As awareness of physical and mental health comes to fore, it is pertinent that parents/guardians/teachers take a closer look at children kept under their watch. You never know, your child could be exhibiting traits of Autism and/or Selective Mutism for instance. With that in mind, always remember that the child must always be in an excellent state, as that is the only way they can learn!
So what do you do when this particular kid in class looks left out and barely participates during lessons? Do you assume he/she is just having an off day? What happens when it continues to repeat itself? You make an inquest. Congratulations, you’ve just realized that something is wrong. What then can you do? In this article, you will learn all you need to know about the extra quiet kids in the classroom.
What is Selective Mutism?
Selective Mutism is a complex childhood anxiety disorder. It is characterized by a child’s inability to speak and communicate effectively in most especially in social settings, for example, at school. Children with selective mutism are only able to speak freely and interact in situations where they feel at home.
Selective mutism is a disorder. One that prevents children from performing maximally in key areas of their lives. A common misconception is that kids will outgrow selective mutism with time, but this is usually not true. For an individual to overcome Selective Mutism and all its associated anxieties there will be a need for them to be involved in a treatment program.
Is Selective Mutism a Disability? No
Selective Mutism is not a Learning disability, Emotional disturbance, nor Speech/Language impairment. The reason is simply that Selective Mutism is not linked to anything else. A Selectively Mute student who displays any of these conditions would then have an additional and separate education need.
Is Selective Mutism a form of Autism? No
Selective Mutism, commonly found in children and often mistaken and misdiagnosed to be Autism. At the surface level, some of the characteristics may appear to mimic Autistic behaviors, but they aren’t the same.
What Causes Selective Mutism?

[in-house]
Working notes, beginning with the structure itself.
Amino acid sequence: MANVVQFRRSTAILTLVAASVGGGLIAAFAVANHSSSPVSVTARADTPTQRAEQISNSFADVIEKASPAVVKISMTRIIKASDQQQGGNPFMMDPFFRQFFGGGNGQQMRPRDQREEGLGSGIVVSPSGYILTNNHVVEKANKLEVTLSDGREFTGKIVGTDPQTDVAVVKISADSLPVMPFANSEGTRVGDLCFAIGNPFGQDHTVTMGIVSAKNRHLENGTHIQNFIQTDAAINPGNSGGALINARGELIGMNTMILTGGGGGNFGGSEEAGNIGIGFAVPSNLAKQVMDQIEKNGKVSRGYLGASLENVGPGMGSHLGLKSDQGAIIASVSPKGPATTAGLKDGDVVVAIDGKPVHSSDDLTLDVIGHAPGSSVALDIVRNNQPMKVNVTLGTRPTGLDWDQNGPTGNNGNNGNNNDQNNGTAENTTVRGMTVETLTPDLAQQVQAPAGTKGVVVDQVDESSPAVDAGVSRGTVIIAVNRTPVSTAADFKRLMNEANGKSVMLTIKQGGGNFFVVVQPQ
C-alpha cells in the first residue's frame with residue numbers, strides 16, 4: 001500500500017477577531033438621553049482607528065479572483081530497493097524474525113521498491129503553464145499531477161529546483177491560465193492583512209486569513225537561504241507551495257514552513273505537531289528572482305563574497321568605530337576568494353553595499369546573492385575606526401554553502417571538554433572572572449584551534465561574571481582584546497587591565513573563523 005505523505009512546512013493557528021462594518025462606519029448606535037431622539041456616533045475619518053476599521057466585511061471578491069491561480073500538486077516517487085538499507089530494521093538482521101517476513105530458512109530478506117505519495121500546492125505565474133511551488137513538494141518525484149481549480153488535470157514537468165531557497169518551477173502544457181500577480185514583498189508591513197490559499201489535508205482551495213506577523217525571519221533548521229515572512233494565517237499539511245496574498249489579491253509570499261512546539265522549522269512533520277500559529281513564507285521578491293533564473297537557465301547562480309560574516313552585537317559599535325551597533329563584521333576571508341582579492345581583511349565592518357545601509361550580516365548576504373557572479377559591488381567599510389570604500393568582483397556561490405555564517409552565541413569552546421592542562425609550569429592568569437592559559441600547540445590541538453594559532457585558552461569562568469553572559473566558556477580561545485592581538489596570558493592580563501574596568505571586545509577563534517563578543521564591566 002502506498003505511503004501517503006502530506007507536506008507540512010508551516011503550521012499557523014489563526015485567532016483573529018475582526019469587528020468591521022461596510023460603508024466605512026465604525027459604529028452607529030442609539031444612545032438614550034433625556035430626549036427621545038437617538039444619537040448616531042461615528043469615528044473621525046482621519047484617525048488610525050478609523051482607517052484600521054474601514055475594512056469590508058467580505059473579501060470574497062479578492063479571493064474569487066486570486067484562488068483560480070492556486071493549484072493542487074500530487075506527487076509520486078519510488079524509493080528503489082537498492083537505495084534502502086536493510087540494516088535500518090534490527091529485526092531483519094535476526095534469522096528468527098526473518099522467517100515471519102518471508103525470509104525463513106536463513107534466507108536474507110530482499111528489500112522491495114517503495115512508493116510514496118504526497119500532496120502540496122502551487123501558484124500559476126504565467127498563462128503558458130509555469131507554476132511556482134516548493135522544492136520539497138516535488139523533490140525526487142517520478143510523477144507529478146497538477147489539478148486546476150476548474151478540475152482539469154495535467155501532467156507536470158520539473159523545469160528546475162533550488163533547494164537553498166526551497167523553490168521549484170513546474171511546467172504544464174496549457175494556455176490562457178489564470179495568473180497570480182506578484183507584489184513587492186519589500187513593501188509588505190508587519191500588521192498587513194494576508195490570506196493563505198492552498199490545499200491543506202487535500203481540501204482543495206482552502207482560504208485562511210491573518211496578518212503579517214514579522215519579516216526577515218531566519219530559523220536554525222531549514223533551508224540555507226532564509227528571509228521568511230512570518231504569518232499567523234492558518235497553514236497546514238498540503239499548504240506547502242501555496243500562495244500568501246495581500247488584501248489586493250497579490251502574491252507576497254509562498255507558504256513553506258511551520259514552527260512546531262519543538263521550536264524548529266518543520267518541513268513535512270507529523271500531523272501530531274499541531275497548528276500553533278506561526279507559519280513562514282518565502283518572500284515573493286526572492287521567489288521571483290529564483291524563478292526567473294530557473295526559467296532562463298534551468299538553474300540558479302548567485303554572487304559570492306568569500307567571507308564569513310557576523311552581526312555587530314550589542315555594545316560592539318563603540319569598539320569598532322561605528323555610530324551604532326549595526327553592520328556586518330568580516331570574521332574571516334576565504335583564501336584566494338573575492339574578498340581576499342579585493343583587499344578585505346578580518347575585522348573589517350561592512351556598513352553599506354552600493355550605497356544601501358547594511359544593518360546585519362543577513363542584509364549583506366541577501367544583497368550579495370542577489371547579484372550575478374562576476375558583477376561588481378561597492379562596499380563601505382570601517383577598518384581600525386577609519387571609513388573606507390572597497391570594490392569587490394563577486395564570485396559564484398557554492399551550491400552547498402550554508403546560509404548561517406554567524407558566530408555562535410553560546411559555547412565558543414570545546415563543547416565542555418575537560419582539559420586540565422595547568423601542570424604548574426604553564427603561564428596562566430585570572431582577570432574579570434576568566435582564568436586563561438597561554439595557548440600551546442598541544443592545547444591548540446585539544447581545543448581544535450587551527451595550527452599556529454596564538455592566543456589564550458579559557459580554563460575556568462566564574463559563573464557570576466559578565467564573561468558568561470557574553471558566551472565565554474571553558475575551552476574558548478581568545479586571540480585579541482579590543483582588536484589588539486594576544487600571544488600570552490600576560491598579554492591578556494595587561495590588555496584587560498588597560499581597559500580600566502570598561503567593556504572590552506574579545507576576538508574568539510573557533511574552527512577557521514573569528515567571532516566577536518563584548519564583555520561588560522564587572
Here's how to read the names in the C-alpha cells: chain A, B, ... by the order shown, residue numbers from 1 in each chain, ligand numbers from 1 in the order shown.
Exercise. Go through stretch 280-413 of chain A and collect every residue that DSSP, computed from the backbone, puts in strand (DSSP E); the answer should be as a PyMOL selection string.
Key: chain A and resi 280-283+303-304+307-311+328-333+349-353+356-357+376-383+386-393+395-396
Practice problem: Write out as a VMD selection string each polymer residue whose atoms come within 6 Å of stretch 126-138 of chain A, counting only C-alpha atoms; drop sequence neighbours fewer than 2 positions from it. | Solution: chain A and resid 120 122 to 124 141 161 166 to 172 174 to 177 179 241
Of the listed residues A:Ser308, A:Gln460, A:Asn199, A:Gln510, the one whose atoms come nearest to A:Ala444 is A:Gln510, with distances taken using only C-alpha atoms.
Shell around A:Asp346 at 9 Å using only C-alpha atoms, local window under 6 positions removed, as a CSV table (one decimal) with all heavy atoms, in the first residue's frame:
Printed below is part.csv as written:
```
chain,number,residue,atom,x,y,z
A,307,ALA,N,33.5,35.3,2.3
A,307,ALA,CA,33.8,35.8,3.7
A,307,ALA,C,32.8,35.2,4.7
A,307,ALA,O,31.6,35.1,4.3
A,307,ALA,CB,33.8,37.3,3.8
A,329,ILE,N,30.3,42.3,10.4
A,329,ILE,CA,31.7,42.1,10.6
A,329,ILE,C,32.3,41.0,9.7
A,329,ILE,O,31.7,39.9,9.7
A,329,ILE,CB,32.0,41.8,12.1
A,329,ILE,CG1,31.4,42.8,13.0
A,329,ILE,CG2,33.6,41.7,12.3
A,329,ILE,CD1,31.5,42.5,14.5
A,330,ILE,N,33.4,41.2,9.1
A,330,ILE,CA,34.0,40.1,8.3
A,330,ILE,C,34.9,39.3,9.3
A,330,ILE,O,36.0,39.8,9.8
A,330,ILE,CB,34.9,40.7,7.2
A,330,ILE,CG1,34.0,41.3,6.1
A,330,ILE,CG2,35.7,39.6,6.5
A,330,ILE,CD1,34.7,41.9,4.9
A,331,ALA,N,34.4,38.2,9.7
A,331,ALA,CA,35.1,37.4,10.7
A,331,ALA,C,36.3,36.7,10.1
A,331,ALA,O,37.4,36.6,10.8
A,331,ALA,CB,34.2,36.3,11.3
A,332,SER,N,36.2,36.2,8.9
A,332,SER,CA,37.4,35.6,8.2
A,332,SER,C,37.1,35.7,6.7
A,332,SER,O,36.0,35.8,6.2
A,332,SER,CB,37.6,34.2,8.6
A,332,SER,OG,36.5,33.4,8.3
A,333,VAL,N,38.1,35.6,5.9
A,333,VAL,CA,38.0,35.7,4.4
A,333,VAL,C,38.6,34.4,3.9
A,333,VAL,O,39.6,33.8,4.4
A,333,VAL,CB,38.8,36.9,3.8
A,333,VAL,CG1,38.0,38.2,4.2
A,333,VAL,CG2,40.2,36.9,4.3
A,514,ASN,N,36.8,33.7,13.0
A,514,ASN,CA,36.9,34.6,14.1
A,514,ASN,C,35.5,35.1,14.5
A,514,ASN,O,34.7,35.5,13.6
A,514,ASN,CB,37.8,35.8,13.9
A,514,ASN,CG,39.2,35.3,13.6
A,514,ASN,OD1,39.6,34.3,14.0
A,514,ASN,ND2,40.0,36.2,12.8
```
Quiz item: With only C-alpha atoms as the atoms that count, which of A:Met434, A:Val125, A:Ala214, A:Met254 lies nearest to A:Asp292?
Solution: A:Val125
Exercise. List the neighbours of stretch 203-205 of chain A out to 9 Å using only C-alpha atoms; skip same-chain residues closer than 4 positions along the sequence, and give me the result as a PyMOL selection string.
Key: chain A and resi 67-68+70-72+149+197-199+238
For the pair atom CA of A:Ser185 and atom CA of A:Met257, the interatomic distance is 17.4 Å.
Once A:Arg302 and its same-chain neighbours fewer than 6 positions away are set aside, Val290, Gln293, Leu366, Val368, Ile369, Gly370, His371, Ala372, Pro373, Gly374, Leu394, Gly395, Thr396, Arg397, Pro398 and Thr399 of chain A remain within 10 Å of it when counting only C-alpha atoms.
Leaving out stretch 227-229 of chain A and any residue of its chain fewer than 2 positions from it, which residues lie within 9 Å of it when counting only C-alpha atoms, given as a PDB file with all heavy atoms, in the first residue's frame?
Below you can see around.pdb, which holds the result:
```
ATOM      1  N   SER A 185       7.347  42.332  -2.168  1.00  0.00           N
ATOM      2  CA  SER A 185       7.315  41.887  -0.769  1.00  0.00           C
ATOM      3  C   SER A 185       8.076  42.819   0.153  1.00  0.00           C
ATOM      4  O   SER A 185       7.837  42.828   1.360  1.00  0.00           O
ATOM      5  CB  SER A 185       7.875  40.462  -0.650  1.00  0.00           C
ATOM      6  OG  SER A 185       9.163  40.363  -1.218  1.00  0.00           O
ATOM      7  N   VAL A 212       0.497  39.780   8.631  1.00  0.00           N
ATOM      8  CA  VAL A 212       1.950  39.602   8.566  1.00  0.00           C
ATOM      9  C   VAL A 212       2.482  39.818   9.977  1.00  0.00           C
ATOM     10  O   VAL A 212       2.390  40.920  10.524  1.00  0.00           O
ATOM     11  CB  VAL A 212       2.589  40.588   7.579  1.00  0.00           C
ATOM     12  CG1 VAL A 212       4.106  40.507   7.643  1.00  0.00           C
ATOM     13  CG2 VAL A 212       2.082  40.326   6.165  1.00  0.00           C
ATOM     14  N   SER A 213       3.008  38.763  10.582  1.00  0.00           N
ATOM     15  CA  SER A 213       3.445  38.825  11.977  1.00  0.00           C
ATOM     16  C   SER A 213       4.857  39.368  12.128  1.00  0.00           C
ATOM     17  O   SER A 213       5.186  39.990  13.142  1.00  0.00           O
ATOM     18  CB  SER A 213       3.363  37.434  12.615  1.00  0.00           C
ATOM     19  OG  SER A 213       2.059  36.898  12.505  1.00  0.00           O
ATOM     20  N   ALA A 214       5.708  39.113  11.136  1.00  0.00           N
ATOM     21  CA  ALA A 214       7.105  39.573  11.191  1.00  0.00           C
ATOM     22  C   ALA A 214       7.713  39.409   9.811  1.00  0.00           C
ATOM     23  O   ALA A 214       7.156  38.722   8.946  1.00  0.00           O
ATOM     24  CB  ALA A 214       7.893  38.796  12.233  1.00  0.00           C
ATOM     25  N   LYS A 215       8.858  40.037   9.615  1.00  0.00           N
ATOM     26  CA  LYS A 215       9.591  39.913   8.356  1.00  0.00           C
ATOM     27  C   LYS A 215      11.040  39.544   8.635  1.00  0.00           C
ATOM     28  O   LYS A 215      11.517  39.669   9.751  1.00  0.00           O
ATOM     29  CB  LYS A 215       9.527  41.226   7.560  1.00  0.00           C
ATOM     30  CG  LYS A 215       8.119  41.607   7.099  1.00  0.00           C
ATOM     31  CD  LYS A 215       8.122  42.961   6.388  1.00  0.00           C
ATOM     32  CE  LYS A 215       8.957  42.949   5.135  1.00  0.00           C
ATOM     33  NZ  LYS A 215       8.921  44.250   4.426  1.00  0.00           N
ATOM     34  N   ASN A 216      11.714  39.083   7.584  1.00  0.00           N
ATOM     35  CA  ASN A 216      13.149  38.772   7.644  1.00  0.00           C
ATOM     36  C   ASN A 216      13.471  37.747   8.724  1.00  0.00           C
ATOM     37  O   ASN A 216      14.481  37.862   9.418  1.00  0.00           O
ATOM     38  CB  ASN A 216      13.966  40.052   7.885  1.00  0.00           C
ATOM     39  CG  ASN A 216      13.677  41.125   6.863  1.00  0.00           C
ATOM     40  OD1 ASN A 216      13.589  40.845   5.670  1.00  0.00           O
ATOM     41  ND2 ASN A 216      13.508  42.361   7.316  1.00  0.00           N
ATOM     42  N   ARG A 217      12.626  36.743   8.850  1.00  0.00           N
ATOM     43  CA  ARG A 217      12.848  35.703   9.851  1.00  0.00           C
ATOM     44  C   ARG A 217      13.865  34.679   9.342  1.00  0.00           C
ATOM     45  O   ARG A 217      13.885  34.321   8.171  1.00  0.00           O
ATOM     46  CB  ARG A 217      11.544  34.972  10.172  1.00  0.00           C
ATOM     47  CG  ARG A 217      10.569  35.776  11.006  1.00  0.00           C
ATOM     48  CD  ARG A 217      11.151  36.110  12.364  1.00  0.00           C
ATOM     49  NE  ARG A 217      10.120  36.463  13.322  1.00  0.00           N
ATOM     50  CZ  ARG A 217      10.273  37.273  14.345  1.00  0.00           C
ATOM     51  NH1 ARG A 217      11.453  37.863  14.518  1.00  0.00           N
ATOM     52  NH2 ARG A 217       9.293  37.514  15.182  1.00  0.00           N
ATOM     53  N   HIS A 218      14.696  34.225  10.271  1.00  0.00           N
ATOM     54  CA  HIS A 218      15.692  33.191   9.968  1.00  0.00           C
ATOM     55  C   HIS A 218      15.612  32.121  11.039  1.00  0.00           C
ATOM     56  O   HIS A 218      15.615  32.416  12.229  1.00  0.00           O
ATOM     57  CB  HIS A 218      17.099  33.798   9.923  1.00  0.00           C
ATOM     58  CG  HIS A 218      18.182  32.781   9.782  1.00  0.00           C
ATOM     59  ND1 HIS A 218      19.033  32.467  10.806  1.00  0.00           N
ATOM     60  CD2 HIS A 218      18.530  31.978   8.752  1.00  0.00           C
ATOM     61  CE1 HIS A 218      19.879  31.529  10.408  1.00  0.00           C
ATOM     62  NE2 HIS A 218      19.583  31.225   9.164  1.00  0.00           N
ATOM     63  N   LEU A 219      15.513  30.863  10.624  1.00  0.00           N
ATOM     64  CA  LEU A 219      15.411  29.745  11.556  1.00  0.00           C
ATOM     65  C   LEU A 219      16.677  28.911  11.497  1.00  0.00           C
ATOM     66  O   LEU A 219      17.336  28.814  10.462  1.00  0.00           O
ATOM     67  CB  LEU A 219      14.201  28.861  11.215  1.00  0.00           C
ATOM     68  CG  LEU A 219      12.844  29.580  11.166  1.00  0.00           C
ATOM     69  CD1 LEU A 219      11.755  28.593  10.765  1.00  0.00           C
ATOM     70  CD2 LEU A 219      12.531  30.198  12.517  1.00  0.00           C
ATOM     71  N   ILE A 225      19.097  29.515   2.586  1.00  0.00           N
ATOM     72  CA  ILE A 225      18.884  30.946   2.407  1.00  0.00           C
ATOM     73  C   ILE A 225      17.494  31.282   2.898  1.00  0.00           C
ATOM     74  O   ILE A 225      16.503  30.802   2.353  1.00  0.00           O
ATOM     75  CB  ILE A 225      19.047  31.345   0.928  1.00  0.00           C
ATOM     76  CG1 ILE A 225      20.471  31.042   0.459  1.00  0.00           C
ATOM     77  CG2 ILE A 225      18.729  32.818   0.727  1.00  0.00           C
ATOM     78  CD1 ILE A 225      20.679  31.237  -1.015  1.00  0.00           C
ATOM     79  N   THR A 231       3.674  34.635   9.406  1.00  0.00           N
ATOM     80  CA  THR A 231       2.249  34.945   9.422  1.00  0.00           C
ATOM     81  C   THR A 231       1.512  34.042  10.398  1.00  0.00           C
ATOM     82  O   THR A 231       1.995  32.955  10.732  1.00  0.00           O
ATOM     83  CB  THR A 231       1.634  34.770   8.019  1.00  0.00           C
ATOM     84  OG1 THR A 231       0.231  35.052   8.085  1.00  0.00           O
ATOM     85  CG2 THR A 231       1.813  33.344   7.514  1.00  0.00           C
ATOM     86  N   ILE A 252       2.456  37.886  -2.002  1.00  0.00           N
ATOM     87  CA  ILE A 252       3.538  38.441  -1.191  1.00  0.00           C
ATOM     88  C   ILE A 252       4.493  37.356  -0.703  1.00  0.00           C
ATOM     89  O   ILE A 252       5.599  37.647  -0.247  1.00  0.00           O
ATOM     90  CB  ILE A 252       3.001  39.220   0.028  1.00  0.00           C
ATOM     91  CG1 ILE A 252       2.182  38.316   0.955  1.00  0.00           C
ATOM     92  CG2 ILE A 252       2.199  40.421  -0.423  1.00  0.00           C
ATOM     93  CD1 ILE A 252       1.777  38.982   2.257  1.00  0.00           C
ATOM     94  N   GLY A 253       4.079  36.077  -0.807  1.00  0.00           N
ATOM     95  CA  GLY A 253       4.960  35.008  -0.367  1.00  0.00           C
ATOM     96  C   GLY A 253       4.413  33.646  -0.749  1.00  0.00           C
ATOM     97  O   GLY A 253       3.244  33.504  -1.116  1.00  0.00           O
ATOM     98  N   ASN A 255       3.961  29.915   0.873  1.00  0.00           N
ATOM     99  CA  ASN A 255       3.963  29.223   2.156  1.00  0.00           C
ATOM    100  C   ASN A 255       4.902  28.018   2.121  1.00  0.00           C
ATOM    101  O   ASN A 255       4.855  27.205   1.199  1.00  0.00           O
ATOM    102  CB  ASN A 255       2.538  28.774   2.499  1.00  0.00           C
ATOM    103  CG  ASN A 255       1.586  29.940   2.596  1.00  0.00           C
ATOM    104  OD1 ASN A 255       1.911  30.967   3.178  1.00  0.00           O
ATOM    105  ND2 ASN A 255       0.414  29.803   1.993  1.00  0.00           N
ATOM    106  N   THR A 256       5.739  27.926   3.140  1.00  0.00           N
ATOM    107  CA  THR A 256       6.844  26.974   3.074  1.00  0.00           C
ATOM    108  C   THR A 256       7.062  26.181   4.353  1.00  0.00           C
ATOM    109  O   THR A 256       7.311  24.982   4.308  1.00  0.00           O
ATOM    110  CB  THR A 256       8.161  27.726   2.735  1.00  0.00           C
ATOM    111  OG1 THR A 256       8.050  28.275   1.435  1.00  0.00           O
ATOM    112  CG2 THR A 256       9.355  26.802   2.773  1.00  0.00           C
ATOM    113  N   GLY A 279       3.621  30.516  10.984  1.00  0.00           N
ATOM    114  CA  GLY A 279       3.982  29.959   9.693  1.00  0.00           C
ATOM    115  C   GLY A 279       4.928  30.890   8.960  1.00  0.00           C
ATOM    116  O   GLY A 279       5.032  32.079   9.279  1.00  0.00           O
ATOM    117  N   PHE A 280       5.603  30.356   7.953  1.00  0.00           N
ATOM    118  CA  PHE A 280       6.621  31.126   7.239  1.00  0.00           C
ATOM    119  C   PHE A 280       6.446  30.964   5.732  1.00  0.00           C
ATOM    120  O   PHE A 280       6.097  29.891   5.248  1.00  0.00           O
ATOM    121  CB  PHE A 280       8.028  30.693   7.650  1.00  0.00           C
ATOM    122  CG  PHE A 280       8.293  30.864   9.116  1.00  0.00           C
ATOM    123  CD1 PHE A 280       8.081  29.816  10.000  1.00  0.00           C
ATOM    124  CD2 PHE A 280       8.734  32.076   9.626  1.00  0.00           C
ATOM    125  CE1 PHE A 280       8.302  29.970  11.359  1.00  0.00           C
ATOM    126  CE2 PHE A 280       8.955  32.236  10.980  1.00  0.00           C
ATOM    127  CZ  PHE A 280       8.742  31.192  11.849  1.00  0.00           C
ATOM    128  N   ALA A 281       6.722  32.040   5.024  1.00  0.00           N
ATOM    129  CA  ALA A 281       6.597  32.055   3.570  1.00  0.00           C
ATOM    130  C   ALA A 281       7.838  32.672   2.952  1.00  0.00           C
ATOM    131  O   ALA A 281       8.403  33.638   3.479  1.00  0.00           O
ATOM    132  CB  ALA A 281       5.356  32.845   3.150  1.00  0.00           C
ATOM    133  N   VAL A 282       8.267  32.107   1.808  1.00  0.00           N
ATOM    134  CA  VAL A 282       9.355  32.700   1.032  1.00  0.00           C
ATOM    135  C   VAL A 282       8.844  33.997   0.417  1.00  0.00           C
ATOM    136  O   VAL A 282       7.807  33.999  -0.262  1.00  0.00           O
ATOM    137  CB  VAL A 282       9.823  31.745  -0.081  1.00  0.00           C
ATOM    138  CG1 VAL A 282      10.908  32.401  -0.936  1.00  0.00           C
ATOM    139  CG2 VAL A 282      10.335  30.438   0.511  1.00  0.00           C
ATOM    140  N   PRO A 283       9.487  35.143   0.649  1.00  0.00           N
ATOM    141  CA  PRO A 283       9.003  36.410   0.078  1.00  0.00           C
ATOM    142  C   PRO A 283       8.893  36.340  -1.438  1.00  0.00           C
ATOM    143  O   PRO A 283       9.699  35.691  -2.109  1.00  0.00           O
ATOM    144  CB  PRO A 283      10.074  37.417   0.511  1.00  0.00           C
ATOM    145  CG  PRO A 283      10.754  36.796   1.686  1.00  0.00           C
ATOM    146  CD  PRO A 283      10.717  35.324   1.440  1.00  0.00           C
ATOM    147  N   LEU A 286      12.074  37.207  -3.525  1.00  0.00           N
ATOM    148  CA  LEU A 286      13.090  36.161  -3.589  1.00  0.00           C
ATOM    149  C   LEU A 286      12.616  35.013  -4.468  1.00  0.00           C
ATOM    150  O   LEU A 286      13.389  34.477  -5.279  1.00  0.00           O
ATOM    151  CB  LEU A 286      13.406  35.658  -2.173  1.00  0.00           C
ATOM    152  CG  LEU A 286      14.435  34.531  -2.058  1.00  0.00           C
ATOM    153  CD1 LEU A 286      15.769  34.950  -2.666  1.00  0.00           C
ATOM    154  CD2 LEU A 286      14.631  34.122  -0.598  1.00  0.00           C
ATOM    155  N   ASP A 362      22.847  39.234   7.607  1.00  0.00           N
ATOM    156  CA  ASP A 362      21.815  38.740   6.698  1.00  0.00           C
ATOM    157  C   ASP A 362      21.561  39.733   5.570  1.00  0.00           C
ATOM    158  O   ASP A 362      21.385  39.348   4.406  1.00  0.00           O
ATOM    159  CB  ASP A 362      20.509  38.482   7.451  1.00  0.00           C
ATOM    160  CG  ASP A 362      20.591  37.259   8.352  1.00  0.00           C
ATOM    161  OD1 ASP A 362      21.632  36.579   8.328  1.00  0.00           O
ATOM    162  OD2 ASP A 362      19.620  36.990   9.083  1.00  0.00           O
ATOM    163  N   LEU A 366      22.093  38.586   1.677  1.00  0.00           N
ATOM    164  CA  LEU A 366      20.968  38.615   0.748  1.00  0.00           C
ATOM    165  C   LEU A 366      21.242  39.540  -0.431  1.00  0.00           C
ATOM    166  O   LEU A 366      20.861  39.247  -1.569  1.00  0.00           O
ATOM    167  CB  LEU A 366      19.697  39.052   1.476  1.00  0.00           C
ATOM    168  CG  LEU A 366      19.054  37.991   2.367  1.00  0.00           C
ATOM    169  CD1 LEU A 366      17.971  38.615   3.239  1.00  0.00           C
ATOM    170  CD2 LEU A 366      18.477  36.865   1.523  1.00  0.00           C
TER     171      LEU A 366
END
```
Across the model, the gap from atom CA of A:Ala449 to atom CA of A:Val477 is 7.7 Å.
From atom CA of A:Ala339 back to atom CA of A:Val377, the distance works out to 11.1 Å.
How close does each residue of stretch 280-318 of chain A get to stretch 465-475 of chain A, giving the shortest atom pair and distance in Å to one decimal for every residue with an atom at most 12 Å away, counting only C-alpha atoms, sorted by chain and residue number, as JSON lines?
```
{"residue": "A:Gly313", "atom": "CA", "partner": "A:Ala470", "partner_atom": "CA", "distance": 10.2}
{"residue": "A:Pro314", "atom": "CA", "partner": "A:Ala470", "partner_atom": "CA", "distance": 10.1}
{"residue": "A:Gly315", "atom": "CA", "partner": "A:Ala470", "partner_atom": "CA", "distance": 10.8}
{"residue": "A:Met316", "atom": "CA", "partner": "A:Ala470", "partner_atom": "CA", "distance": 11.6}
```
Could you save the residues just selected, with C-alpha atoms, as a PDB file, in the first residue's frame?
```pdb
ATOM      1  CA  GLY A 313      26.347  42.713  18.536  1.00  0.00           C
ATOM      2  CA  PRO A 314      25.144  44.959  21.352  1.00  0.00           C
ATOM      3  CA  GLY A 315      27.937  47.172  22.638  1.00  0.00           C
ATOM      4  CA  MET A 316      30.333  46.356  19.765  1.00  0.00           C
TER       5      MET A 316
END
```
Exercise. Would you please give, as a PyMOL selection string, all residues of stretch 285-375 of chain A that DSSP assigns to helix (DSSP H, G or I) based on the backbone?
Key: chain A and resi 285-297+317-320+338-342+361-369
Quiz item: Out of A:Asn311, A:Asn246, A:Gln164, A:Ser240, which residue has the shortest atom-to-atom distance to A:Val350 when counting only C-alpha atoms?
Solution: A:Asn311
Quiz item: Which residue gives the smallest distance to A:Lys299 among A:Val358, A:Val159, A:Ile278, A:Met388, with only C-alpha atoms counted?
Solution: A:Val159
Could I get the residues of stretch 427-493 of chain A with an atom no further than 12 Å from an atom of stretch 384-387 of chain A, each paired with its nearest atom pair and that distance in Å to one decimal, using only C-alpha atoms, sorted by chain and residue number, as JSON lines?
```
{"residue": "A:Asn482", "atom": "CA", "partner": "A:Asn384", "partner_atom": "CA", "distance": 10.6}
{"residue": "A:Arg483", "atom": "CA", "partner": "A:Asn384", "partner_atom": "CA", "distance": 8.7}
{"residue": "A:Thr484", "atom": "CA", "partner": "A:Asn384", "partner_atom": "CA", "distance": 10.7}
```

To be fair, nobody actually knows. The cause, or causes, are unknown. Experts believe that children with the condition inherit a tendency to be anxious and inhibited. Most children with selective mutism exhibit variants of extreme social fear (phobia). Parents often assume that the child is choosing not to speak.
Myths about Selective Mutism
A lot of individuals have common misconceptions about selective mutism. It is important to debunk the myths and understand the facts. The focus should be on getting the children the help they need. The following are common myths about selective mutism:
How to Identify a child with Selective Mutism
Observe each student over a period of time, find what interests the child (games, subjects), check the family background and try to professionally understand the child’s home.
Befriend them genuinely, help them understand the consequences of their silence, understand their reasons for being quiet, teach confidence, and deliberately engage them in speaking activities. Use true love to do this, and you can’t go wrong.
Symptoms of selective mutism can also include the following:
Do’s and Don’ts When Interacting with a child with Selective Mutism
When interacting with a child who has Selective Mutism, DO:
When interacting with a child who has Selective Mutism, DO NOT:
Awareness of Selective Mutism is only gaining traction in recent times.Selective mutism, at its core, is an anxiety disorder. A typical experience is having the words to say, but being physically unable to vocalize them. The vocal cords tighten up and simply refuse to work even though they can and do work in very specific safe situations or with specific people. We need to be of as much help as we possibly can.
Selective Mutism Awareness Month is observed in October and sponsored by the Selective Mutism Association.
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